In recent years, no development in the social sciences has been more exciting than the discovery of implicit attitudes and the pursuit of their measurement. Yet the challenges of developing suitable measures have surprised us all. Different techniques yielded different results, which has inspired richer theory building and produced important insights into the nature of human judgment and the mental representation of preferences. We now see longstanding debates and controversies in new ways. What more could a group of scientists hope for than to make such great progress, and at such a rapid rate? This wonderful book offers a terrific review of these accomplishments and identifies the challenges with which implicit attitude researchers will be grappling in the years to come.--Jon Krosnick, PhD, Departments of Communication, Political Science, and Psychology, Stanford University
This is a book for serious students and practitioners of attitudes research. It offers comprehensive coverage of the new wave of implicit measures, written by some of the top researchers in the field. The chapters provide strong theoretical grounding as well as practical information on the 'how-tos' of each measure. This book would be an ideal text for graduate-level courses on attitudes.--Jeffrey Sherman, PhD, Department of Psychology, University of California, Davis
The measurement of socially significant attitudes has taken a giant leap forward due to the recent development of implicit measures, which are capable of assessing relatively automatic evaluations. This volume presents a scholarly yet very accessible treatment of these new measures, describing them in detail and evaluating their merits. Additionally, the volume shows how these measurement advances have permitted us to address new and fundamental issues about the nature of human judgment. This is a superb, integrative treatment of a major advance in the social and behavioral sciences. I will certainly use it as a text in my social psychology graduate proseminar; it is also likely to be used in advanced undergraduate courses devoted to attitudes, judgment, and assessment.--Charles M. Judd, PhD, Department of Psychology, University of Colorado at Boulder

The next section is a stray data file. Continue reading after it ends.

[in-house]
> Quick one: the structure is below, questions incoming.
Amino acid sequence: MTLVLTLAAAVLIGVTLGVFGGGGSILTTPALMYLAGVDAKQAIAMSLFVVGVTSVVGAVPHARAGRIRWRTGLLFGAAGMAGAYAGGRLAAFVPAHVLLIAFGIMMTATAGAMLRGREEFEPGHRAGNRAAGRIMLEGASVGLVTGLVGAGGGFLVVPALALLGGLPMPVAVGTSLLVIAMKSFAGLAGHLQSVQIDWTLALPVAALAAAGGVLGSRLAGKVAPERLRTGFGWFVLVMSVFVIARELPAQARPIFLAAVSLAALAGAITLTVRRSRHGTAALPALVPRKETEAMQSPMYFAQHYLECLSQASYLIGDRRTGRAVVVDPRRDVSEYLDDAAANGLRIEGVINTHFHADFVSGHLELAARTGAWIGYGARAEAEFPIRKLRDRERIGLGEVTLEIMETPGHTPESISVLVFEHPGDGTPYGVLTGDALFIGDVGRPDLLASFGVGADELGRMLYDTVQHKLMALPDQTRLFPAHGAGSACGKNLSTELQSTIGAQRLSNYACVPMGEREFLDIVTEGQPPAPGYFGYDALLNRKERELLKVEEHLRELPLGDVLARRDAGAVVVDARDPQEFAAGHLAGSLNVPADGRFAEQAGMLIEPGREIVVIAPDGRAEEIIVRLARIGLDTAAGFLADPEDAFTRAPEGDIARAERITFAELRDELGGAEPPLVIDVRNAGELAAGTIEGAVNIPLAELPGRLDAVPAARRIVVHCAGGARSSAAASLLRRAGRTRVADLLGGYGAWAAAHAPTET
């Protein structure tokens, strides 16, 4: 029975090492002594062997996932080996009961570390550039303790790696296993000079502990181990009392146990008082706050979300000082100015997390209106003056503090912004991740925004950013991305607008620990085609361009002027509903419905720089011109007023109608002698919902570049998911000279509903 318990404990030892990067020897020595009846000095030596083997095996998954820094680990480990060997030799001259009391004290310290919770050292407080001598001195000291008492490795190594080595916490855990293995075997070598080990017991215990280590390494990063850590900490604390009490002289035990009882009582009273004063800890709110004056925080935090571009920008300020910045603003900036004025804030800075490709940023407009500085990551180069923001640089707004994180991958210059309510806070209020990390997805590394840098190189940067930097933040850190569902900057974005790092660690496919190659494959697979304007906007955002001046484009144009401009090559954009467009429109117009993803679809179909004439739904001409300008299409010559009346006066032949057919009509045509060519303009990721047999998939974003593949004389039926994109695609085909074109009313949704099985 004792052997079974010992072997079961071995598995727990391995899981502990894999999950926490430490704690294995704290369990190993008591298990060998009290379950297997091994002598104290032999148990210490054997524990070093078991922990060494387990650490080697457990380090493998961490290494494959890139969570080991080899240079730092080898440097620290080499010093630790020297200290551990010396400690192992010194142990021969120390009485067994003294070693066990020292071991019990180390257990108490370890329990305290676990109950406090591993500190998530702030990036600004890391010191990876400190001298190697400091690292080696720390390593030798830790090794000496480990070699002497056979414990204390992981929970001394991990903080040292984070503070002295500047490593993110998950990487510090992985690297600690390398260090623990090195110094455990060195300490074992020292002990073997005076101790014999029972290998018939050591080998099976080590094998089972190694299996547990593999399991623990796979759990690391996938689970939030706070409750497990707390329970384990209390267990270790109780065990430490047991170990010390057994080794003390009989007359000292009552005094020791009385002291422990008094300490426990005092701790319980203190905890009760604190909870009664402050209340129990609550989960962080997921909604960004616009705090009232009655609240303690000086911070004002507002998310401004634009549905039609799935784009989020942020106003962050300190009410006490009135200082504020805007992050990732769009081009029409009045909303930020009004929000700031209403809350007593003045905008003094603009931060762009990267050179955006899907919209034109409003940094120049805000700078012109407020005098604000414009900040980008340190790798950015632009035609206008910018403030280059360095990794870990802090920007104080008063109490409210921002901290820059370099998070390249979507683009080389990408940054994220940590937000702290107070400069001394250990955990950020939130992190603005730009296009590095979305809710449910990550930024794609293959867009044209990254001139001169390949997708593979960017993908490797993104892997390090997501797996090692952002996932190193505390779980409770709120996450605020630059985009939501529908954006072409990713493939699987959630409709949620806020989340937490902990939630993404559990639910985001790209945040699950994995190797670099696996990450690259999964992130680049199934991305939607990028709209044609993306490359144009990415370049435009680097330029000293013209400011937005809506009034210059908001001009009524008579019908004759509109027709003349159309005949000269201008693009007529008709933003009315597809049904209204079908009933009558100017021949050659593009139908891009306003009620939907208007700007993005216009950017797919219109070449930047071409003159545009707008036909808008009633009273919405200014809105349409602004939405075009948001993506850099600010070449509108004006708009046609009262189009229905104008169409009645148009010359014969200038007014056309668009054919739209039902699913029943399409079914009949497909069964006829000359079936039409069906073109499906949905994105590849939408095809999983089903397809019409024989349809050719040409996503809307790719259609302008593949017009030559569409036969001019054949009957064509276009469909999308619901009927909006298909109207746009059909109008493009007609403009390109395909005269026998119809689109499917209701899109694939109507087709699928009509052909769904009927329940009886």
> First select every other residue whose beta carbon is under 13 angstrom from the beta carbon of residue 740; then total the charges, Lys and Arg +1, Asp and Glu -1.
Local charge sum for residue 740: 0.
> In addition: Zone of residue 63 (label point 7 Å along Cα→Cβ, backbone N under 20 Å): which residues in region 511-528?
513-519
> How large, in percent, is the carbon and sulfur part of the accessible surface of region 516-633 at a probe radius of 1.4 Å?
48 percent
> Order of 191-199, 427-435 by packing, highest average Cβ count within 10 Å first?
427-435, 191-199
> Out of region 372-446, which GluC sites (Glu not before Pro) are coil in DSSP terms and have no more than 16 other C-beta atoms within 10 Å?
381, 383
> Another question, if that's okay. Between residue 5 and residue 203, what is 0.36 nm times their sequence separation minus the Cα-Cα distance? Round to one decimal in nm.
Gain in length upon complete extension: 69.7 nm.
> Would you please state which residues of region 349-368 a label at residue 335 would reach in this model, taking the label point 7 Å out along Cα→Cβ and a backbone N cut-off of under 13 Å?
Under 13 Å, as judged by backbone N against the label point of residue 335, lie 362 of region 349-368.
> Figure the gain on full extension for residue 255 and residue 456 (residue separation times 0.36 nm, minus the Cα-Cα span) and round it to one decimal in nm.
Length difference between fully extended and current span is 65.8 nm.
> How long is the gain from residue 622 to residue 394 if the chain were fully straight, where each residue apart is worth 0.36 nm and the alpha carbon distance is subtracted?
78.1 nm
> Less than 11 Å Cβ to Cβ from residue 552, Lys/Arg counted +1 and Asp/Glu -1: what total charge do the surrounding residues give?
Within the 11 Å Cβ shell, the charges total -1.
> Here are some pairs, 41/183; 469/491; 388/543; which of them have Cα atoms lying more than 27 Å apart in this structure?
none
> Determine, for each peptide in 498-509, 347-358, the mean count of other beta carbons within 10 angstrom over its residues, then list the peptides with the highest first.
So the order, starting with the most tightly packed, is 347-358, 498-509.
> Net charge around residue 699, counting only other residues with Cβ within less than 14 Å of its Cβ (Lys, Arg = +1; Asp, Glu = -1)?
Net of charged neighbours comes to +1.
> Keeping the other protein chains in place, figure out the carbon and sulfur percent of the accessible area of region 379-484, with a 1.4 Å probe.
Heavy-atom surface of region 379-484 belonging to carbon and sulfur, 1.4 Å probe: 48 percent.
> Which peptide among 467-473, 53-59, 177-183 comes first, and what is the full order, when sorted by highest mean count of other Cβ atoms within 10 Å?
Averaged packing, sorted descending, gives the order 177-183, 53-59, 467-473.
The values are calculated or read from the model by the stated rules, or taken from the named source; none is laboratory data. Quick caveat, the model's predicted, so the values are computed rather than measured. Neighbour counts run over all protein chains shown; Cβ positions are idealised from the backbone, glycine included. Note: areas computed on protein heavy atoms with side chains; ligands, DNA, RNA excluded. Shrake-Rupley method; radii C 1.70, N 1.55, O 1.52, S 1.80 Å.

The study of implicit attitudes is the most significant development in attitude theory and research in recent years. This timely volume features analyses by the major contributors to this important development. The chapter authors skillfully present both the promise and the uncertainties of the many implicit measures that have been proposed. This book is essential reading not only for attitude researchers, but also for all researchers who wish to understand whether they should incorporate implicit measures into their studies. I would definitely use the book in a graduate course in attitudes.--Alice H. Eagly, PhD, Department of Psychology, Northwestern University
-Wittenbrink and Schwarz drew together a distinguished group of authors whose expertise concerns how best to examine the interrelations among attitudes, social judgments, and behaviors....Reader-researchers should consider this book a valuable resource, one that nicely characterizes current views on simple as well as complex measures of implicit attitudes.--Journal of Social and Clinical Psychology, 1/7/2007ƒƒ
Wittenbrink and Schwarz have assembled an impressive group of experts on attitude measurement....I would highly recommend this book for anyone thinking about incorporating the use of implicit attitude measures into his or her research and feel that the book would make an excellent addition to any graduate-level course on attitudes or attitude measurement.
--PsycCRITIQUES, 1/7/2007